Looking to buy a mountain bike but not sure how to choose one? We have compiled the one and only list you need to consider when buying a MTB.
Choosing a frame
Start off by deciding what kind of riding you will be doing. Frame geometry differs, depending on the discipline it is designed for. Have a look at these common forms of mountain biking below and see which one describes you best:
Bikes featuring this geometry, like our Stride Range is designed for the recreational rider. The kind of rider who will be doing light off-road riding or commuting. These bikes inspire confidence while descending and positions the rider in a comfortable riding position.
Cross-country, marathon or XC riding usually includes a mixture of terrain like singletrack, gravel roads and technical trails. XC bikes are designed with aggressive angles, placing the rider’s weight over the pedals, allowing every ounce of power to be transferred to the pedals. If you are planning to do long rides, endurance races or race your friends to the top of the hill, this bike is for you.
Just to clarify, all-mountain bikes can ride off-road, it just depends on to what degree. Trail bikes are for those riders who like to bomb down a hill or test their skill on technical, rocky terrain (as fast as they possibly can). The geometry of this bike is slacker than that of a cross-country bike, making it comfortable for the ride down but a bit sluggish on the climb. Trail riders are usually not concerned with speed going uphill as long as they get to have fun on the way down.
Only if you are planning to ride very technical, steep terrain with big jumps and drops, should you consider a downhill bike. These bikes are not suitable if you are looking for an everyday bike as they are heavy, and downhillers usually push their bikes to the top of the hill.
Getting the size right
Selecting the right size bike is essential, as a matter of fact it can affect your entire riding experience. Most manufacturers have a size chart available on their website. This guide is created by the brand to help you choose a bike size according to your length. Although this is usually pretty accurate, it still depends on your own comfort. If a bike is the wrong size, it will affect your power and ultimately your speed. It can also put unnecessary pressure or on joints which can potentially lead to injury.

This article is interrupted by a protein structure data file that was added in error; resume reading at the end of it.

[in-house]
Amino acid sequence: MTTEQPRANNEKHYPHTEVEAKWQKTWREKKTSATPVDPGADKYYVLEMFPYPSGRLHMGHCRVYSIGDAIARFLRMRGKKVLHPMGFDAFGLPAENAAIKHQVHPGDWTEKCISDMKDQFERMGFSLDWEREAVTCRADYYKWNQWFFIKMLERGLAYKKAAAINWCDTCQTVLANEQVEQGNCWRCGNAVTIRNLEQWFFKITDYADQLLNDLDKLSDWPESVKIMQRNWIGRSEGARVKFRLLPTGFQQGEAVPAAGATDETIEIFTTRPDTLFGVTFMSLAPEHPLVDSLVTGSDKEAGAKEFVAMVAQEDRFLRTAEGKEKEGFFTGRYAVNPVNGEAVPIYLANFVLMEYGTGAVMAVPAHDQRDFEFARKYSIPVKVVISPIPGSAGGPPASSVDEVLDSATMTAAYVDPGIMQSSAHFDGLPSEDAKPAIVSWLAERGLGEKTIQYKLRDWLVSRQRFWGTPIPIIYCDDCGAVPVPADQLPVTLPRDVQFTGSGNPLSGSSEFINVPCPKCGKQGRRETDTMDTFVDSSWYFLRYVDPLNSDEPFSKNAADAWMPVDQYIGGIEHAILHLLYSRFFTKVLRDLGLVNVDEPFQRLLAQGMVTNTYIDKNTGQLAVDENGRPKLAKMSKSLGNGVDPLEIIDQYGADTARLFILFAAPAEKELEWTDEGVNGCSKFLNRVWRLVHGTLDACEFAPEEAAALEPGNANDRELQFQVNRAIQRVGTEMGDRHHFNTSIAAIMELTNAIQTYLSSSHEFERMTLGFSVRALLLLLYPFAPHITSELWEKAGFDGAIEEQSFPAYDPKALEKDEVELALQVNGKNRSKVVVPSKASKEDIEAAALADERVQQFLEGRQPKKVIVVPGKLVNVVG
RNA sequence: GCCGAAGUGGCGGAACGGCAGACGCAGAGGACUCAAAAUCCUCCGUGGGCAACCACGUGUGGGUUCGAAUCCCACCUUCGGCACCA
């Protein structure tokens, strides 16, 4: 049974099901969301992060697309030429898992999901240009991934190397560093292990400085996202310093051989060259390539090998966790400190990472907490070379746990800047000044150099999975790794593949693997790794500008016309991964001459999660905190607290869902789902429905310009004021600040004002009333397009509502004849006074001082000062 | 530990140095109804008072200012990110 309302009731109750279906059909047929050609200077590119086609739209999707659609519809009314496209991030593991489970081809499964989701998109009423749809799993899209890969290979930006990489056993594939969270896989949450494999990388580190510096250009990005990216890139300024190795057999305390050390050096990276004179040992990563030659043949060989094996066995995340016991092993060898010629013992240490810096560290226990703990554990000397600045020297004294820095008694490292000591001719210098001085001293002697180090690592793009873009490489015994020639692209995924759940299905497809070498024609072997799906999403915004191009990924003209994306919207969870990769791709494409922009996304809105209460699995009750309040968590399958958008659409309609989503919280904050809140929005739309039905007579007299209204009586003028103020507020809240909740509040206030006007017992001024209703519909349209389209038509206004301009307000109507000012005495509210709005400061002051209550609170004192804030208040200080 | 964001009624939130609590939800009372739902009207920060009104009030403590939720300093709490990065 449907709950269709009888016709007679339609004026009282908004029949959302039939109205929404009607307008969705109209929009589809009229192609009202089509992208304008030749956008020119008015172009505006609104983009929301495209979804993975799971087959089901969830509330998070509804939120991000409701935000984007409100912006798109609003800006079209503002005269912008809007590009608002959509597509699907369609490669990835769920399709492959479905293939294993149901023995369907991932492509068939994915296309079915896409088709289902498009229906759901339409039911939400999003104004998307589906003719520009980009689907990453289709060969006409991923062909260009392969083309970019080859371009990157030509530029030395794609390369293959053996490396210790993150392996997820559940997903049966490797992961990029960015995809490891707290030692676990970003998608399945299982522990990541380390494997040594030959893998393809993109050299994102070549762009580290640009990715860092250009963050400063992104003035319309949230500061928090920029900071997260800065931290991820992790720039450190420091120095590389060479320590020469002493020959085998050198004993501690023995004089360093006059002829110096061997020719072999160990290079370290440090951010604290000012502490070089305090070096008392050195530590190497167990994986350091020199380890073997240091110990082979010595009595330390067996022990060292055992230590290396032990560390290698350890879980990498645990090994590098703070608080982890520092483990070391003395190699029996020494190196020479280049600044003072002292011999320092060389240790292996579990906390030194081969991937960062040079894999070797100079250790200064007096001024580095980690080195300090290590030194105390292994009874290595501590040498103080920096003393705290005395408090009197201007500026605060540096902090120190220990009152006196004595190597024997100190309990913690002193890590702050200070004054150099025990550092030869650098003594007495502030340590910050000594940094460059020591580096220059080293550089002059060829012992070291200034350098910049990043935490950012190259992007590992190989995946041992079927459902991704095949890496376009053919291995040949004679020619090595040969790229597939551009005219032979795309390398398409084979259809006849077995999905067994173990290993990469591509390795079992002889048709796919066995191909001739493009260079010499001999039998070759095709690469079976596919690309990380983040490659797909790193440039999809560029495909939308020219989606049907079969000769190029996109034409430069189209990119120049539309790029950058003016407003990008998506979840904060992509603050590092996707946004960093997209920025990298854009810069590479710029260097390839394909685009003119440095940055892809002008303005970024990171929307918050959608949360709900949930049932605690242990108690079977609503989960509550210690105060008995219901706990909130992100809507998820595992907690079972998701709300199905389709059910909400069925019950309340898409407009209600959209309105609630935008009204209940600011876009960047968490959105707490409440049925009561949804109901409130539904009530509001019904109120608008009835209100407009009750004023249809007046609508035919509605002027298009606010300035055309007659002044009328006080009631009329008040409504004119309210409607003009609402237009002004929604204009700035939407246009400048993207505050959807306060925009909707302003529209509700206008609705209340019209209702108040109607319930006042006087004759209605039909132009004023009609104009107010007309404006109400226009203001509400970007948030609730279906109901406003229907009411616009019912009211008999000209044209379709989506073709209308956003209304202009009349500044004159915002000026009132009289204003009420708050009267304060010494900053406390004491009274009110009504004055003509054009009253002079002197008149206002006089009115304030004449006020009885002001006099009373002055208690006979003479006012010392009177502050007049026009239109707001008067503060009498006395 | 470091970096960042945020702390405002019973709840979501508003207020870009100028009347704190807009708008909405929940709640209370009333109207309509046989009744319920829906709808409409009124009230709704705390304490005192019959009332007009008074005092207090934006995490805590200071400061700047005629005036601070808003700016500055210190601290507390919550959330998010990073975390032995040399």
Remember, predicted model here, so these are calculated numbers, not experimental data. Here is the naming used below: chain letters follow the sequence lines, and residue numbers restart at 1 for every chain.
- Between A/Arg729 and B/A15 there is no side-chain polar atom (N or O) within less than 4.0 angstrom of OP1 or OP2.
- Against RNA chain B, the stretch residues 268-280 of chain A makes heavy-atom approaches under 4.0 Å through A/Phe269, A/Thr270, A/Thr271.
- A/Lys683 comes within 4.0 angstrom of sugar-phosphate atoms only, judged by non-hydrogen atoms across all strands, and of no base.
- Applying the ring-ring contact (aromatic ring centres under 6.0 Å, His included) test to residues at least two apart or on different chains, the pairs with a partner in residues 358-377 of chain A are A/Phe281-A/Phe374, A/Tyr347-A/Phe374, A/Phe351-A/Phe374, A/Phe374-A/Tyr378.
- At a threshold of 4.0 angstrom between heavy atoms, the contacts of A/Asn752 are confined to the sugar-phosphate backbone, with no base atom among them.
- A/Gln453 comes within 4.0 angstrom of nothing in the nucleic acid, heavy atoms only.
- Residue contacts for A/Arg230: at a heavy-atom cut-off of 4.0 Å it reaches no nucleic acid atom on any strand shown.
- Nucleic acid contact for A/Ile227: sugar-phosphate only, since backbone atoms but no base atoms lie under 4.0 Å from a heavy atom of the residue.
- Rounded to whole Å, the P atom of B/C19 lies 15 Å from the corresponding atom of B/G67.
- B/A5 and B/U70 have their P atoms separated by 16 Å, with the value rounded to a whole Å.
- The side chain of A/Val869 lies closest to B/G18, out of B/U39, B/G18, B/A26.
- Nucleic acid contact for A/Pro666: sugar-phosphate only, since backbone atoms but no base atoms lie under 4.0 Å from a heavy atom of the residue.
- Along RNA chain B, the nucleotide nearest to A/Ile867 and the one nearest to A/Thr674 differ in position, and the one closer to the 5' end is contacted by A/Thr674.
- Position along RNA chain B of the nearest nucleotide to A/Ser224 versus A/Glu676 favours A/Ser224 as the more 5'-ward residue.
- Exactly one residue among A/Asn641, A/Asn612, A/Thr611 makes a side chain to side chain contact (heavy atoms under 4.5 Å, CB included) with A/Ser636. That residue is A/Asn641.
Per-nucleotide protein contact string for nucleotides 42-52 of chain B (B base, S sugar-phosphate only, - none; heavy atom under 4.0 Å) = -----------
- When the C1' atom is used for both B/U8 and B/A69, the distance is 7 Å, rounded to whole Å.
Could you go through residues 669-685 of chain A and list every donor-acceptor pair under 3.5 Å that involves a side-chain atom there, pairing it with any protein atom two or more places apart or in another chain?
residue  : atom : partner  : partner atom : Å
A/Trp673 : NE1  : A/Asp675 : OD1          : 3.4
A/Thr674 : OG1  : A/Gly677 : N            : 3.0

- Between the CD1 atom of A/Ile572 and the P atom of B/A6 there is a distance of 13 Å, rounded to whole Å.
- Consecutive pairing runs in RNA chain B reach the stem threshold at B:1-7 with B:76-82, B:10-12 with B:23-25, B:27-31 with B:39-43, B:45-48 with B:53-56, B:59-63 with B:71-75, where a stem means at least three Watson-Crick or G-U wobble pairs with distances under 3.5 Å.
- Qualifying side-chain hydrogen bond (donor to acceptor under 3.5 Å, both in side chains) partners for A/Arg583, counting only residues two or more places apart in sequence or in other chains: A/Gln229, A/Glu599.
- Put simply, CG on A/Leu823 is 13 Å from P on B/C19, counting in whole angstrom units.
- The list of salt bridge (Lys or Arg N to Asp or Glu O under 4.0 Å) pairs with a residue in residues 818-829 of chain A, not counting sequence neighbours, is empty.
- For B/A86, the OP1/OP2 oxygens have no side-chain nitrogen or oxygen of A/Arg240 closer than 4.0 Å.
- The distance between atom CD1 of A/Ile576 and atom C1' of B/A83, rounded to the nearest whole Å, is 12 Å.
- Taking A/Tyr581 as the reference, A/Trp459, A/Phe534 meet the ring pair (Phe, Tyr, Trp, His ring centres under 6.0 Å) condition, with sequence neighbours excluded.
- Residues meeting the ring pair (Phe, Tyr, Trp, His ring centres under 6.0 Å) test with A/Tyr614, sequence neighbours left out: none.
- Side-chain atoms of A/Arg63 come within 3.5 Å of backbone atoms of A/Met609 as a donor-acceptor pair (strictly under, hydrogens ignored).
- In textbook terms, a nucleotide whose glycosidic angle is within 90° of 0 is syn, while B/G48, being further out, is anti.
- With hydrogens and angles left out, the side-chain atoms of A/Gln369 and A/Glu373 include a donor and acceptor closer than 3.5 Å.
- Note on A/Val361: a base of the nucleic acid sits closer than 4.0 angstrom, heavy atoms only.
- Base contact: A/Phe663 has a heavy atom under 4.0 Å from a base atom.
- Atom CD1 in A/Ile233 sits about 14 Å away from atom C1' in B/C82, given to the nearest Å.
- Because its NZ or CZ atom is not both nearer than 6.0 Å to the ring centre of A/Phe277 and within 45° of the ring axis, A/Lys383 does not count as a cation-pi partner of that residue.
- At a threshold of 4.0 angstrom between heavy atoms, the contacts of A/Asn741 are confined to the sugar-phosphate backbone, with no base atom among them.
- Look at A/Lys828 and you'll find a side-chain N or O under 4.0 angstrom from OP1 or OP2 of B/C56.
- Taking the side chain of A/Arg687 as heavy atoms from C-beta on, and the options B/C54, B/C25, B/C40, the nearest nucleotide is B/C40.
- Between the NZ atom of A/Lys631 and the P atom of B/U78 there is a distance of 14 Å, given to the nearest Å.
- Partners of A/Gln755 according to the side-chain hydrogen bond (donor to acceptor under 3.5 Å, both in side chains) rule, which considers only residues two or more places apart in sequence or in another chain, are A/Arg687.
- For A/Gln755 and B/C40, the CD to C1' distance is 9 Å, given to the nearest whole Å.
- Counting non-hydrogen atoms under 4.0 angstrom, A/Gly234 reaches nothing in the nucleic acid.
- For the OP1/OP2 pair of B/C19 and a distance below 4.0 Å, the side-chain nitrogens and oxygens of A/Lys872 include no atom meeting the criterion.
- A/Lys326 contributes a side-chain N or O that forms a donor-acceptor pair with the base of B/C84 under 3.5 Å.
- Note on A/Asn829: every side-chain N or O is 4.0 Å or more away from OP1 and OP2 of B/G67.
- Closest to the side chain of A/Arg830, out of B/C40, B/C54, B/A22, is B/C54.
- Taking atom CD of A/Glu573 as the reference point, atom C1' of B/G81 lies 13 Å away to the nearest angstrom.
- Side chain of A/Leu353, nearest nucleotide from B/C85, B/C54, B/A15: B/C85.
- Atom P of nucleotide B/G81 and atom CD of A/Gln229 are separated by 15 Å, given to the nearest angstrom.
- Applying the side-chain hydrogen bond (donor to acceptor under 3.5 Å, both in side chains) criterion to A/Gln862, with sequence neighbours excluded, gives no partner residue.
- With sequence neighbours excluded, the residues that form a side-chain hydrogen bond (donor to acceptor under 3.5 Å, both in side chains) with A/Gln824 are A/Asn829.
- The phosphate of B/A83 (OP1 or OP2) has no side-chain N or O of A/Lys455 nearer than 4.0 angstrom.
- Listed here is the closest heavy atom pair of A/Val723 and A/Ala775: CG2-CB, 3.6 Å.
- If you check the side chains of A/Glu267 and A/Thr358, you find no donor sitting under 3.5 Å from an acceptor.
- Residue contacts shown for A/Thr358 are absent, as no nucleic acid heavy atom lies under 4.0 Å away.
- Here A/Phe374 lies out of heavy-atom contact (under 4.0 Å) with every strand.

View the Silverback size guide HERE.
Ask your dealer for a test bike. Even if he doesn’t have the exact model available for testing, take out a similar bike from the same manufacturer.
The wheel size debate
With so much information/debates on the internet regarding MTB wheel sizes, we thought we would keep it brief. Here is a summary of each wheel size and its strengths.
26” – Ideal for kids bikes and dirt jumpers
27.5” – Quick acceleration, lighter wheels and nimble
29” – More efficient, better traction and rolls over anything.
Carbon vs aluminium
It is very easy to be lured into the world of carbon fibre bikes however it might not be the best possible bike for your budget. Even though carbon is the clear choice of mountain bike racers across the world, it is important to keep 4 things in mind:
- How important is saving weight to me?
- What is the difference between the carbon and the alloy model?
- Is this a reliable brand?
- What warranty does the manufacturer offer?
Read more about carbon fibre HERE
Dual suspension VS Hardtail
When buying a mountain bike, cyclists often ask if a dual suspension bike is better than a hardtail. However, there is no is no right or wrong answer to this question.
Hardtail bikes do not have any rear suspension, making them lighter, more responsive, easier to maintain and a bit cheaper.
Dual sus bikes, on the other hand, have front and rear suspension. These bikes are more comfortable on longer rides and smoother on the downhill but need more maintenance and can be heavier.
Stay away from entry-level/cheap forks and shocks because servicing/ replacing these can be expensive. Rather invest in a midlevel hardtail than a cheap dual suspension bike if your budget is limited.
Before buying a mountain bike, think about what kind of riding do you see yourself doing regularly? Buy a bike that you can see yourself riding for a while, that can easily be upgraded as your riding improves.
For example, if you enjoy cross country racing but you also enjoy a technical challenge, you might want to install a dropper seat post at a later stage. So, choose yourself a bike that can take a dropper post.
Keep in mind that technology in the cycling industry changes rapidly and you don’t want to be stuck with a bike that you cannot customise to your riding style.